Liberia: PYJ Slams Boakai’s War Crimes Court Stance

Sen. Prince Johnson

— “You come after us, thousands will defend us”

Senator Prince Y. Johnson expressed his strong disagreement with President Joseph Nyumah Boakai over the establishment of a war and economic crimes court in Liberia. Johnson, a Senator for Nimba County, has consistently opposed the idea since the administrations of former presidents Ellen Johnson Sirleaf and George Weah, arguing that peace has been restored and the focus should be on national development.

During his inaugural address, Boakai mentioned his commitment to the war crimes court, which did not sit well with Johnson, alias PYJ. He claimed that Boakai suffered from heat exhaustion during the speech, causing him to faint, because of the mention of a war and economic crimes court. He blames the authors of the President's inaugural address for including the idea and argues that the country should focus on celebrating peace and prioritizing development instead.

PYJ, who played a significant role in Boakai's campaign and has a stake in the government, as his Movement for Democracy and Reconstruction (MDR) occupies the Vice Presidency of the administration, voiced his concerns during a sermon at his Christ Chapel of Faith Church in Paynesville.

Johnson emphasized the need for job creation, improvements in the education system, and sufficient food supply for the people. According to him, ministries such as Transport, agriculture, and health need urgent attention, with a focus on providing resources and improving services.

Johnson’s sermon, titled “I Refuse to be Defeated”, invoked biblical references to highlight his belief in overcoming challenges. He also expressed the importance of auditing the previous government and investigating the deaths of auditors and others within the fiscal system who possessed damaging information about the previous administration.

While Johnson cautioned against dwelling on the past and bringing it into the present, he asserted that those who laid down their weapons after the Civil War made a great and patriotic decision. He argued that the amnesty granted after the war should nullify the recommendations of the Truth and Reconciliation Commission (TRC) regarding the prosecution of individuals for war crimes.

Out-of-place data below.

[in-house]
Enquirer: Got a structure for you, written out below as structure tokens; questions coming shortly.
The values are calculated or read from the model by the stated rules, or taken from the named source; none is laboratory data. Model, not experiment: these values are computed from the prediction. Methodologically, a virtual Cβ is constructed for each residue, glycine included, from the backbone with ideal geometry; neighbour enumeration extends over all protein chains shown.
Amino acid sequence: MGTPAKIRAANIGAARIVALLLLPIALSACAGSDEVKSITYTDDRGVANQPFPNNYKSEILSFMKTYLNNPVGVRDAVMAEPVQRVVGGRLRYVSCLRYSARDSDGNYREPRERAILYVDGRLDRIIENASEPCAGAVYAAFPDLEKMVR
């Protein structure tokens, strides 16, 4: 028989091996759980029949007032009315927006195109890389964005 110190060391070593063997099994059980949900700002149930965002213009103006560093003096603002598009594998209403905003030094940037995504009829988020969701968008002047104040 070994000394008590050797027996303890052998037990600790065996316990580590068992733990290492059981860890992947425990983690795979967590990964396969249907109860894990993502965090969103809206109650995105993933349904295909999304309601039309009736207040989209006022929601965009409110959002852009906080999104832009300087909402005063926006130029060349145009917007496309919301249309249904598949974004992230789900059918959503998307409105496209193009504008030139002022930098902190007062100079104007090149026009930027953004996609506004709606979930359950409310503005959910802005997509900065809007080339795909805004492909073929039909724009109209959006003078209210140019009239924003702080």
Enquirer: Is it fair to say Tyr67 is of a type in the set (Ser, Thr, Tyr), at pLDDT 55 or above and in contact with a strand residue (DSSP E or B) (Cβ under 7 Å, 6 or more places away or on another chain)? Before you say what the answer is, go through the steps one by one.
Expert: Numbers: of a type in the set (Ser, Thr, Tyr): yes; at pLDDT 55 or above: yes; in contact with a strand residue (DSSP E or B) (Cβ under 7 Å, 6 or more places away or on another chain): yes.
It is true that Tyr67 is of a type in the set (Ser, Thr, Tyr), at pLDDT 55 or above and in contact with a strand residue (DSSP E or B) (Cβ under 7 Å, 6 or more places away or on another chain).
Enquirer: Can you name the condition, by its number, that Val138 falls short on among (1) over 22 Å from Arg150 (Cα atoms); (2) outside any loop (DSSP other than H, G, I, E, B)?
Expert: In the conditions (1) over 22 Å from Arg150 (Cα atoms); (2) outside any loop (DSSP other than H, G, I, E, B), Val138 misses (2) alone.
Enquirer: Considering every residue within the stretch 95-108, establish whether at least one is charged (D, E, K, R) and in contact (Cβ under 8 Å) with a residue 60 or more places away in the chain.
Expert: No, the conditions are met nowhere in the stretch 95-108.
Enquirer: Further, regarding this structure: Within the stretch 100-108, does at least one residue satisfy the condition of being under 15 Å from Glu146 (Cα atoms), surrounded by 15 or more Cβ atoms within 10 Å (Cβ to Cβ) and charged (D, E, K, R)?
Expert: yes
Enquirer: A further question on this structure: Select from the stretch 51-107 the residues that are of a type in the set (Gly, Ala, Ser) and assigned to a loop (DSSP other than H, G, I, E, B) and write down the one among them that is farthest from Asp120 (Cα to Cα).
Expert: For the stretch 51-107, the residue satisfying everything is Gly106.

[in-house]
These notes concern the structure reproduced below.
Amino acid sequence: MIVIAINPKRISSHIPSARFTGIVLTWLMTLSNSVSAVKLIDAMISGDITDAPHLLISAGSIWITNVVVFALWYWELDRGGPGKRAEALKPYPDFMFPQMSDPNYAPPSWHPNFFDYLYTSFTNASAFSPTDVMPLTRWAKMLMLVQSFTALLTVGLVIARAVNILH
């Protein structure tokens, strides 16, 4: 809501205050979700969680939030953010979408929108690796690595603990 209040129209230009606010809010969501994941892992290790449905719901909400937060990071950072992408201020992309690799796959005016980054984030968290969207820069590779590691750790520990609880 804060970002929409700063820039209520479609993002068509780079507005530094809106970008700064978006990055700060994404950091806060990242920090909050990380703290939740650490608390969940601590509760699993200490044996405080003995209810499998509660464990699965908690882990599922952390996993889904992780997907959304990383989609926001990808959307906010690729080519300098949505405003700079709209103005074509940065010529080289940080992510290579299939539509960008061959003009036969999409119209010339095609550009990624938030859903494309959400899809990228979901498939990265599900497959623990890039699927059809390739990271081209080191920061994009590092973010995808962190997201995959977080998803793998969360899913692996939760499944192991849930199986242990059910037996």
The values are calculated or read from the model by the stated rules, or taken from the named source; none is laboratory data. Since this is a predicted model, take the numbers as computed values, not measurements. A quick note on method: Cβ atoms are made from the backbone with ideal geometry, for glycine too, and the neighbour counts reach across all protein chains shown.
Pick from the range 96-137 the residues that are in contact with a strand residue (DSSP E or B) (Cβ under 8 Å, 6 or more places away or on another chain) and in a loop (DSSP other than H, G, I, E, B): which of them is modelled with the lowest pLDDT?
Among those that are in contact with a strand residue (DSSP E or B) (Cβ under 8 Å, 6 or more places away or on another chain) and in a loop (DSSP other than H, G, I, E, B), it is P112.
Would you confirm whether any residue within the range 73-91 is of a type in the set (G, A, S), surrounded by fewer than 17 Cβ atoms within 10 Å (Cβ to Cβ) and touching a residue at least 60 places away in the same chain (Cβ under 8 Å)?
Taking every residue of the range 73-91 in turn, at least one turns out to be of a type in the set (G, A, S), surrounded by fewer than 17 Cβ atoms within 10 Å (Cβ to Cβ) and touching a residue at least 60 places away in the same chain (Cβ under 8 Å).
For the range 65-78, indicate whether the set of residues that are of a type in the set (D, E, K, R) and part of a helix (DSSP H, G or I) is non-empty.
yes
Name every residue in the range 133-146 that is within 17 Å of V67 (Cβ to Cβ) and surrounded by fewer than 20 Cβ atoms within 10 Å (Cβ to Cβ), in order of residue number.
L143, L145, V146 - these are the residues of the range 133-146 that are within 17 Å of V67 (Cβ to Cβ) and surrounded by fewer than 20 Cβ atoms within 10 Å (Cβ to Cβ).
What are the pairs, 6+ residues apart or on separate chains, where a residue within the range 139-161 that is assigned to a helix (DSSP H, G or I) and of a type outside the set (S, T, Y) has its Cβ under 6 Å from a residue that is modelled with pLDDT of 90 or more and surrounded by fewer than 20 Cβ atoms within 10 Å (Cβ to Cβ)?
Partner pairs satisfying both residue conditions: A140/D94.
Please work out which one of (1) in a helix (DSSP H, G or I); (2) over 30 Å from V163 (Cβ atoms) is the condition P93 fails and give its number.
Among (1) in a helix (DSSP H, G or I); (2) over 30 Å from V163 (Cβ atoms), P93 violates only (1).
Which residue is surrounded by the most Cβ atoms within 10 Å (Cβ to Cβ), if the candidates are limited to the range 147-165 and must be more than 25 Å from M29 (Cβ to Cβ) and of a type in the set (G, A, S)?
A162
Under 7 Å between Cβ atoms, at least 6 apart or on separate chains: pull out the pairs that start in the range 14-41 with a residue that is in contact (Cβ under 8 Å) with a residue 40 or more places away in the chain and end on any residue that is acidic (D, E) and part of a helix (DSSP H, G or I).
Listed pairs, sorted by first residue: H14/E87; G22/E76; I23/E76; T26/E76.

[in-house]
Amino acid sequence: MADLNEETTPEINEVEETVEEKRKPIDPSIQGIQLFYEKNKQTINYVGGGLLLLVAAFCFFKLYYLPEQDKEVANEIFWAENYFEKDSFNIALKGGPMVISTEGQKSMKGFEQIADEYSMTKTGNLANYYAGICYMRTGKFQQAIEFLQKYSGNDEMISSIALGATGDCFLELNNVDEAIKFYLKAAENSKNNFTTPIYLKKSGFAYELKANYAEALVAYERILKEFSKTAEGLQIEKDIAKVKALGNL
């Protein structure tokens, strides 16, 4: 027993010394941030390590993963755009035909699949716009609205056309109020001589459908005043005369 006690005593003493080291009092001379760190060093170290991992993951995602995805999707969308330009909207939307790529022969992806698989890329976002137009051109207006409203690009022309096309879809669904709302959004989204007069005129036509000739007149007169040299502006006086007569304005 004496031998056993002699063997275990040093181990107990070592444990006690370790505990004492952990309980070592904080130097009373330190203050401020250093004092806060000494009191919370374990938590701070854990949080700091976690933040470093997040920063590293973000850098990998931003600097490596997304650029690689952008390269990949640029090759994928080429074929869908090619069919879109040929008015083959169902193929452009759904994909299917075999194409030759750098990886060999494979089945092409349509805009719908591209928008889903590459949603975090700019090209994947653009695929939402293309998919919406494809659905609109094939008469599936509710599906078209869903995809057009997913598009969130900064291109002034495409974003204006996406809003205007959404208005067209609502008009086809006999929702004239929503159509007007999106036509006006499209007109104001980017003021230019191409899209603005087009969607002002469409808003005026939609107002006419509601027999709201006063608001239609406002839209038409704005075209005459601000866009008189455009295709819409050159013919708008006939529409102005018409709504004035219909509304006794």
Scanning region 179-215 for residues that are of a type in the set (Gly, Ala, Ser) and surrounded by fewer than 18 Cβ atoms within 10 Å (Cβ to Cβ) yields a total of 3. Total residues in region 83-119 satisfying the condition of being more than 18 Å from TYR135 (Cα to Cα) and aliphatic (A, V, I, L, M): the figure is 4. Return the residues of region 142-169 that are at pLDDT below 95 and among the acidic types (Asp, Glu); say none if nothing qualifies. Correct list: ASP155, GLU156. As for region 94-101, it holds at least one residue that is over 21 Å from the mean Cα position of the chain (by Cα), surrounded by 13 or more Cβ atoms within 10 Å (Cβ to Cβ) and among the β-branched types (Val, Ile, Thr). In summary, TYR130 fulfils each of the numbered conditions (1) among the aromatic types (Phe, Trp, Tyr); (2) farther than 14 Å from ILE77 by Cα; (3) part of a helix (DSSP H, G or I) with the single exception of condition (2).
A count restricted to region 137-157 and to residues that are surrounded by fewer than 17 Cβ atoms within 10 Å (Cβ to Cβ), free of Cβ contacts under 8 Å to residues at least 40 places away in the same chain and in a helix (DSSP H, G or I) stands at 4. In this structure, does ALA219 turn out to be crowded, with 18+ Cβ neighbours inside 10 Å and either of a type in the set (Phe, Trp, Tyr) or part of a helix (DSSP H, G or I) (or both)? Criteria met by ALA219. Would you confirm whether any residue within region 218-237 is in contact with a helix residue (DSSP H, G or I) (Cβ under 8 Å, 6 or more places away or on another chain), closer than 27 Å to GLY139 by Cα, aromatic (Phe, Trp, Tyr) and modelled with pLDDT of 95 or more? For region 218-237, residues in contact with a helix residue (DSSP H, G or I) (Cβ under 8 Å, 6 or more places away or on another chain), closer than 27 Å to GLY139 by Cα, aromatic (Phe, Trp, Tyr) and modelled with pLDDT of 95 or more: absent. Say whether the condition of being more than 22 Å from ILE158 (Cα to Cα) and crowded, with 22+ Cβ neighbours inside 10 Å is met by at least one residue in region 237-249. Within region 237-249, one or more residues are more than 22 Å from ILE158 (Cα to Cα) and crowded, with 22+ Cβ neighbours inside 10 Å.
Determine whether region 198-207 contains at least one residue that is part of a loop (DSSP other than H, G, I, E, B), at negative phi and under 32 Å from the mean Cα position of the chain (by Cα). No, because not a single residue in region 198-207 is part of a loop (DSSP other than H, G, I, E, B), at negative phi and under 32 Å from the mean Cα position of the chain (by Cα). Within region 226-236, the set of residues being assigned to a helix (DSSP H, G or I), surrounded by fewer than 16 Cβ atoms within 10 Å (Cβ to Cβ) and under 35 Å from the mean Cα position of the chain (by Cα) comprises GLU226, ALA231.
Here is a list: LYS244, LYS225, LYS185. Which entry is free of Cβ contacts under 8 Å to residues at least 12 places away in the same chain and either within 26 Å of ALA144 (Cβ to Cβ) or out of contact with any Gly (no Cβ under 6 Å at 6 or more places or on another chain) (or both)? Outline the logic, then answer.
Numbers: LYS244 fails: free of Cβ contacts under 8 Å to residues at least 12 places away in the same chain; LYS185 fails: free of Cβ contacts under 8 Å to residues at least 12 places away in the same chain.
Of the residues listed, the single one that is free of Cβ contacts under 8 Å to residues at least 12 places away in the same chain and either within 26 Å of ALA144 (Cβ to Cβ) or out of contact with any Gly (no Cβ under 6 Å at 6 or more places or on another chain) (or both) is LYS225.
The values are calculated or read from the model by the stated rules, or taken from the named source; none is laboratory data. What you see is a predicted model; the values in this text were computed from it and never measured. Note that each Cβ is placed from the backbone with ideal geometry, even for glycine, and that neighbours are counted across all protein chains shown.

In a contentious warning, Johnson declared that if Boakai were to proceed with establishing the war crimes court and targeting him, thousands of his supporters would rise in his defense.

He even suggested that Boakai’s mention of the establishment of the war crimes court in his inaugural address may have contributed to the heat wave that almost caused him to faint while delivering his inaugural address. 

Senator Johnson meanwhile emphasized the need for job creation, education reform, and food security, asserting that these issues should take precedence over the pursuit of a war crimes court. Johnson further called on Boakai’s administration to conduct an audit of the previous government, led by President Weah, to assess the state of the country's resources and finances.

He also urged investigations into the mysterious deaths of auditors and others involved in the fiscal system, suggesting that they possessed valuable information that could tarnish the Weah-led government.

However, Johnson cautioned against dwelling on the past and bringing the atrocities of the civil war into the present. He argued that Liberians must focus on building a better future rather than being consumed by past grievances. Johnson defended his religious activities, rejecting claims that he and Joshua Blayee (formerly known by his wartime moniker, “General Butt Naked”), both of them now preachers of the Gospel, are simply attempting to atone for their past crimes.

Regarding PYJ’s contentious warning against the establishment of a war crimes court and “targeting him,” and thousands of his supporters would come to his defense, it remains to be seen how President Boakai will respond to these criticisms and what decisions he will make regarding the war and economic crimes court.